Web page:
I recently read The New Canadian Pentecostals by Adam Stewart. I loved this book, so much so that I devoured it. As the title suggests, it describes changes in Pentecostal churches in Canada, specifically in the Pentecostal Assemblies of Canada (PAOC).
The book was a joy to read. One of the final chapters was my favorite, which recounts the “testimonies” of individual’s healings and miracles from people that the author interviewed as a part of his research. For example, one lady recalled how at a church service God healed her husband of back pain that he had suffered with for many years. The book isn’t written to be an inspirational book though.
Aside from simply enjoying the read, the book was also fantastic because it offers many things to think about to many readers like myself who might read this book not as sociologists, but as people interested in and/or part of the Pentecostal tradition in Canada.
The Changing Nature of Pentecostalism in Canada
Stewart’s main hypothesis is that “Canadian Pentecostal identity is transforming from traditionally Pentecostal to generically evangelical categories” (p. 20). By generically evangelical, Stewart is thinking of “churches that, above all else, filter their religious content through a therapeutic, individualistic lens, which encourages the purging of traditional, denominational features in favour of a kind of lowest-common-denominator, homogeneous version of evangelical identity, belief, and practice” (p. 85). Many people that Stewart interviewed at PAOC churches were not even aware that they attended a Pentecostal church and, similarly, many weren’t sure what “Pentecostal” meant.
To further illustrate the “generically evangelical” shift, people at the PAOC churches Stewart studied were not committed to traditional Pentecostal understandings of Spirit baptism. Rather than describing Spirit baptism as an experience subsequent to conversion, the majority of interviewees identified Spirit baptism with conversion or water baptism. Even among those who did believe Spirit baptism is an experience subsequent to conversion (only 40% of those interviewed), none of the interviewees believed that “speaking in tongues is the unique evidence of Spirit baptism” (p. 110, 114). Furthermore, most described Spirit baptism primarily in individualistic and therapeutic terms (in keeping with generic evangelicalism), such as contributing to their personal spiritual development, rather than describing Spirit baptism as something to empower believers for witness (p. 129-130).
Questions to Ponder
Since this is a book in sociology of religion, it presented me with many new ways of thinking about how a church looks and runs. However, with respect to the central focus of the book, some questions many PAOC readers will be left asking are:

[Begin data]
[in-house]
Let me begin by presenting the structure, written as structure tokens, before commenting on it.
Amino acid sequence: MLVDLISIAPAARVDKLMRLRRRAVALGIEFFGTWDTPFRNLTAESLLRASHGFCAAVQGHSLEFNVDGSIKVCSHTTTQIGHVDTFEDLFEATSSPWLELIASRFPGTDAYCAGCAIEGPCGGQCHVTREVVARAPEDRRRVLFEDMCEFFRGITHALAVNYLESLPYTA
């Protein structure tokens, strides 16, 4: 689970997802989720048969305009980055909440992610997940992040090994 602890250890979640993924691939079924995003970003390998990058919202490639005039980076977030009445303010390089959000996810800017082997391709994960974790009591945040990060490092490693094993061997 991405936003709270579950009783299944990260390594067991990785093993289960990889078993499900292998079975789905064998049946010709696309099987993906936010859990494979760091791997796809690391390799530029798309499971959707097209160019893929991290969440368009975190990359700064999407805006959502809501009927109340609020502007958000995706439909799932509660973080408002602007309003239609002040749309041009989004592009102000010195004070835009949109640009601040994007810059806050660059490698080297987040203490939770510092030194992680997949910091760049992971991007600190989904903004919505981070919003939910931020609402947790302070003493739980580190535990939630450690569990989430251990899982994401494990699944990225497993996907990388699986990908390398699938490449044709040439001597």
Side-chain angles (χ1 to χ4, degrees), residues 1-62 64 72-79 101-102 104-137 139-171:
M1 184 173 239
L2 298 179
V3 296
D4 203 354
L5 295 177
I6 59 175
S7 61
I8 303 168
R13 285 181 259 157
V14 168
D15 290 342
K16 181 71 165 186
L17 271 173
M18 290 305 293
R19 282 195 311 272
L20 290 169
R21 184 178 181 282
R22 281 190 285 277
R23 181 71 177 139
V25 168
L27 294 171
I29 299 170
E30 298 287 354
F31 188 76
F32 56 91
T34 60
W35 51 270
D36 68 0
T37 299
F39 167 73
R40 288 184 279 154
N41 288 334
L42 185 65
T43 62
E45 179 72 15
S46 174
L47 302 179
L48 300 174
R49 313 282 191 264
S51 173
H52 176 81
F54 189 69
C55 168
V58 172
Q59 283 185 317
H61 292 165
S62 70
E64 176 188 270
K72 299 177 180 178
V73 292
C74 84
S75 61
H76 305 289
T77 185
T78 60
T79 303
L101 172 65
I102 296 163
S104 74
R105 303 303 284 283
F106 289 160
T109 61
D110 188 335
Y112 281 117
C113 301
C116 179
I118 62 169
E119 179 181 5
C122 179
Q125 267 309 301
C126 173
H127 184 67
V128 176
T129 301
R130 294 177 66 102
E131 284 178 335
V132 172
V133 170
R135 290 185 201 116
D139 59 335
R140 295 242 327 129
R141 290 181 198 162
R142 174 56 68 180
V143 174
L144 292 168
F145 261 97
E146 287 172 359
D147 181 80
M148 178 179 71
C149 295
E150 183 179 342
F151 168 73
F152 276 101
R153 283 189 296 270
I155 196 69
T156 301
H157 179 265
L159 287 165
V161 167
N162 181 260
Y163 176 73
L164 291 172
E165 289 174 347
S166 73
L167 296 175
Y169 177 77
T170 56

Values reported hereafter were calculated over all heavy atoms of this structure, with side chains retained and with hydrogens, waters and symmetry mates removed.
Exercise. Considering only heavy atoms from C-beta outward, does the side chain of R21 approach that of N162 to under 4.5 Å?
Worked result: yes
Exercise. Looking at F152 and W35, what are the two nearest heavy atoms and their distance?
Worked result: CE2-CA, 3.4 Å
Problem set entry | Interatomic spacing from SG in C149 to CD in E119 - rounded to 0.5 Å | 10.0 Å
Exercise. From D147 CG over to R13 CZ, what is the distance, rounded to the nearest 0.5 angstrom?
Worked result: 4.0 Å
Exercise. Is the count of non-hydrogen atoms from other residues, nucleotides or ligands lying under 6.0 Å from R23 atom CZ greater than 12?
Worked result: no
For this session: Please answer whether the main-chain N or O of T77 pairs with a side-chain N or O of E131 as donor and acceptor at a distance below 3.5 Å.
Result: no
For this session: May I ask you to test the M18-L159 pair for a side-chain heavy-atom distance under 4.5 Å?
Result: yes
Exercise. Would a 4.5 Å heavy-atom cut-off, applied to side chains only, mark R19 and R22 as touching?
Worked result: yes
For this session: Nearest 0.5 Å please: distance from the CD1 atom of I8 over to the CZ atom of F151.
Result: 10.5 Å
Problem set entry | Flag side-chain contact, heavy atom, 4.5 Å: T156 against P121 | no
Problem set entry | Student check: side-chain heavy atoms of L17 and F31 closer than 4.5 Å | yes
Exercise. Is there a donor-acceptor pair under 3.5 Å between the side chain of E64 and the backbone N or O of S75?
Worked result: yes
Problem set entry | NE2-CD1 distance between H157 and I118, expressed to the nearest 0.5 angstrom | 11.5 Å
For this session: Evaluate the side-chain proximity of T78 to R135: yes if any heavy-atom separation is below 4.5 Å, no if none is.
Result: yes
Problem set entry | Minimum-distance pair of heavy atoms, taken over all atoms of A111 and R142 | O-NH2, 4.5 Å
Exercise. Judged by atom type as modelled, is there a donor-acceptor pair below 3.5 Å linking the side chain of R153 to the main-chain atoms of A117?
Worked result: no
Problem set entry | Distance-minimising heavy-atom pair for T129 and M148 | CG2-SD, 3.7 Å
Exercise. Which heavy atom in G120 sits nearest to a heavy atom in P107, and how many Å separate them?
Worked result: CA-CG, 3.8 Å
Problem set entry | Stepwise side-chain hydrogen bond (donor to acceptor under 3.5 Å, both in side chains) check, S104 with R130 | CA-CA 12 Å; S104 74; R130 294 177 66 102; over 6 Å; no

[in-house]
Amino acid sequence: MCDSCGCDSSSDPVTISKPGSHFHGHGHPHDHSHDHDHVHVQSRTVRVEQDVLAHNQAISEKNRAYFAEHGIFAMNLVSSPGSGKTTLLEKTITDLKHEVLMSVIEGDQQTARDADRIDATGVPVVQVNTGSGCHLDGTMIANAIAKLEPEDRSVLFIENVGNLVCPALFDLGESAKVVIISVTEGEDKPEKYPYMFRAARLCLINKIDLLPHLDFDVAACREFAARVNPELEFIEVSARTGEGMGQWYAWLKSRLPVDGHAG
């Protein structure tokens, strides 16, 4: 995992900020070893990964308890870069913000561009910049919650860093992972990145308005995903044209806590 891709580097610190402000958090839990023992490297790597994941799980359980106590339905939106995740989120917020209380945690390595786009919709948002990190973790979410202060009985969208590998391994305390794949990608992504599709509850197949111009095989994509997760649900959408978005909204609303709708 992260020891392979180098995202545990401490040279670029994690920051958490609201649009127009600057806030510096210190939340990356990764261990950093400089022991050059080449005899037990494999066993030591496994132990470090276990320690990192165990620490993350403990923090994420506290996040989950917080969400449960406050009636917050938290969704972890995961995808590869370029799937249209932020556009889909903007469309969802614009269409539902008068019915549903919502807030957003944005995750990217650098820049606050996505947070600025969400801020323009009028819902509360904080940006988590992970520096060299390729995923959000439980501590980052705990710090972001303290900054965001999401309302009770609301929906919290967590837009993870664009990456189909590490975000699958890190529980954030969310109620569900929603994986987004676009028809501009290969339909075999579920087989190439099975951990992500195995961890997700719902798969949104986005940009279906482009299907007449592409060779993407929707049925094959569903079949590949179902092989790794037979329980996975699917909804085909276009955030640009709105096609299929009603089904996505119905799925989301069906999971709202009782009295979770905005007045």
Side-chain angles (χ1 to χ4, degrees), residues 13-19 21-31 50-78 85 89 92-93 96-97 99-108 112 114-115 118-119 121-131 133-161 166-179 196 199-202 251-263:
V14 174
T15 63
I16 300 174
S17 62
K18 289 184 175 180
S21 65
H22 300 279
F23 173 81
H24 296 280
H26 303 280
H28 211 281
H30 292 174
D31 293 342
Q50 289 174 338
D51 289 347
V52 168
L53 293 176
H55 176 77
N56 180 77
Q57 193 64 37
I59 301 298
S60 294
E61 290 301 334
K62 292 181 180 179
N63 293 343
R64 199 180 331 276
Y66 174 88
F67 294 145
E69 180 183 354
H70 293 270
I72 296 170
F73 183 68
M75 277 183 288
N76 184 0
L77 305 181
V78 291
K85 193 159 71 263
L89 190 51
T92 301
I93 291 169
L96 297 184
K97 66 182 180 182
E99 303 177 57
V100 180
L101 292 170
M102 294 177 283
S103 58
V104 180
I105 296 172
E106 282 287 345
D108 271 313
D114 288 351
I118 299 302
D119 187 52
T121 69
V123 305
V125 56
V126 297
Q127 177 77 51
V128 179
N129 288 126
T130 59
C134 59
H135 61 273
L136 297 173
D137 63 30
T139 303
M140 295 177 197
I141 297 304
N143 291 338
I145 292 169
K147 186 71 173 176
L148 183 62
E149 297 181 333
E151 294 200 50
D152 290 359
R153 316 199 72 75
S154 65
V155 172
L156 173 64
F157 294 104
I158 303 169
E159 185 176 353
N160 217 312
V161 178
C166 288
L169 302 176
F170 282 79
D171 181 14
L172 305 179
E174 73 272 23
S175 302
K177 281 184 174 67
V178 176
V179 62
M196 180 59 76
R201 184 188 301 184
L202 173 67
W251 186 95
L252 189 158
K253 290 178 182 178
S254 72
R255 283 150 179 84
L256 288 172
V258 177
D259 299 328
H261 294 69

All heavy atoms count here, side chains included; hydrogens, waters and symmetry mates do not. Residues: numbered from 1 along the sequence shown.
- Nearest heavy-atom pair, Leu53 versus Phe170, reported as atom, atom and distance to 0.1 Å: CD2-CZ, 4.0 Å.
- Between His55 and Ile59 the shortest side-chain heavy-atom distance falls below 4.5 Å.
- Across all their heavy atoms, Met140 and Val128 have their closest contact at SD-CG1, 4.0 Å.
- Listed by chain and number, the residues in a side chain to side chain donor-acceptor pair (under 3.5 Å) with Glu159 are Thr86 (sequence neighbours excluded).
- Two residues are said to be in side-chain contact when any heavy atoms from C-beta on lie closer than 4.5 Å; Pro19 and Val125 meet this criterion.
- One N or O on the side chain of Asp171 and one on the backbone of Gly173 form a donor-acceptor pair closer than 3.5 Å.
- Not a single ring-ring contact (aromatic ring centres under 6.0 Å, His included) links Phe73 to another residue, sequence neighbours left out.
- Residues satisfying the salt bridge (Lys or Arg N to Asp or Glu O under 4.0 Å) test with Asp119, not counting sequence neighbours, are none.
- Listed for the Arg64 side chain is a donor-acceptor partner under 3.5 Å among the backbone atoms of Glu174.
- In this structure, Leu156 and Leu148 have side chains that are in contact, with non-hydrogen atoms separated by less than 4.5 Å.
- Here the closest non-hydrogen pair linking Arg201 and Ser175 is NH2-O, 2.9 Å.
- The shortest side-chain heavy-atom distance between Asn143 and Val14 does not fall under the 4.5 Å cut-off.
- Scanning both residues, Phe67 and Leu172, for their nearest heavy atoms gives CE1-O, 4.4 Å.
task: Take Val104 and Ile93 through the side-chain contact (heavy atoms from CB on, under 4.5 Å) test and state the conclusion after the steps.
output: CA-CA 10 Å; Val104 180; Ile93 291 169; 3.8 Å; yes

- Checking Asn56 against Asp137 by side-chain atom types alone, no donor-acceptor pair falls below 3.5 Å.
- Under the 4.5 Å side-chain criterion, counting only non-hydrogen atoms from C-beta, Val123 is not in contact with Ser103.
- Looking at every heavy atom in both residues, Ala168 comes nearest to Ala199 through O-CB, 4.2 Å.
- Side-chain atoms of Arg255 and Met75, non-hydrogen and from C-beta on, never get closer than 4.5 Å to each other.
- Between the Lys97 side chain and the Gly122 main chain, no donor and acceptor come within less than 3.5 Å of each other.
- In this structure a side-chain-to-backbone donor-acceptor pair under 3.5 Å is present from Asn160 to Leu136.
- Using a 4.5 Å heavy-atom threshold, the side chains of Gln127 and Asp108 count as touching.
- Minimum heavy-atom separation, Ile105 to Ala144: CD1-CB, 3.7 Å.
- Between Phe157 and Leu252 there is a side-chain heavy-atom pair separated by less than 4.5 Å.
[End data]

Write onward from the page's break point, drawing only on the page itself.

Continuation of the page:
- Is the shift toward “generic evangelicalism” a good thing or a bad thing? What would qualify this change as good or bad?
- How should people in the PAOC (lay and credentialed) respond to this shift toward generic evangelicalism?
- Should PAOC churches increase emphasis on traditional Pentecostal beliefs and practices at the risk of alienating many of their members?
- To what extent do the people who lead PAOC churches value traditional Pentecostal beliefs and practices? (We actually do have some answers to that question from research Stewart and I have done…see here.)
- In an effort for the PAOC to grow its membership as a part of the PAOC’s “2020 Initiative,” will the PAOC grow primarily by adding more evangelicals from other denominations to its churches, or will it (also) be able to grow by reaching those who are not already Christian?
“But it was Such a Small Sample!”
On a few occasions now, people I have discussed this book with have remarked how Stewart had a small sample (implying, I suppose, that the research might not be that true to the PAOC at large). Indeed, Stewart did field observation, surveys of, and interviews with the attendees of (only) three PAOC churches, all of which were around the region of Waterloo, Ontario.
Stewart is clear that his research does not prove anything about Canadian Pentecostalism “on a national scale” (p. 166). Hence, for example, Stewart never makes the claim that no lay people in the PAOC affirm the doctrine of initial evidence (which was true of the people he interviewed). Rather, Stewart’s research illustrates change.
Stewart is clear that his objective was to “explain the decline in Canadian Pentecostal affiliation recorded by Statistics Canada—nothing more, nothing less” (p. 10). That is, in a time when Pentecostalism was booming worldwide, Statistics Canada indicated a drastic 15% drop of those who identified as “Pentecostals” in Canada between 1991 and 2001 (p. 2). It appeared that Pentecostalism in Canada was declining faster than the mainline denominations in Canada. How, then, is it possible that the PAOC self-reported an increase in members between 1991 and 2001? Stewart is successful in presenting a case study that illustrates the most probable explanation of these seemingly contradictory numbers—many people attending Pentecostal churches in Canada have generically evangelical beliefs and identity.
Overall, Stewart has offered readers much to ponder about the changing nature of Pentecostalism in Canada.
Full book information:
Adam Stewart, The New Canadian Pentecostals (Editions SR, 37; Waterloo, ON: Wilfrid Laurier University Press, 2015).
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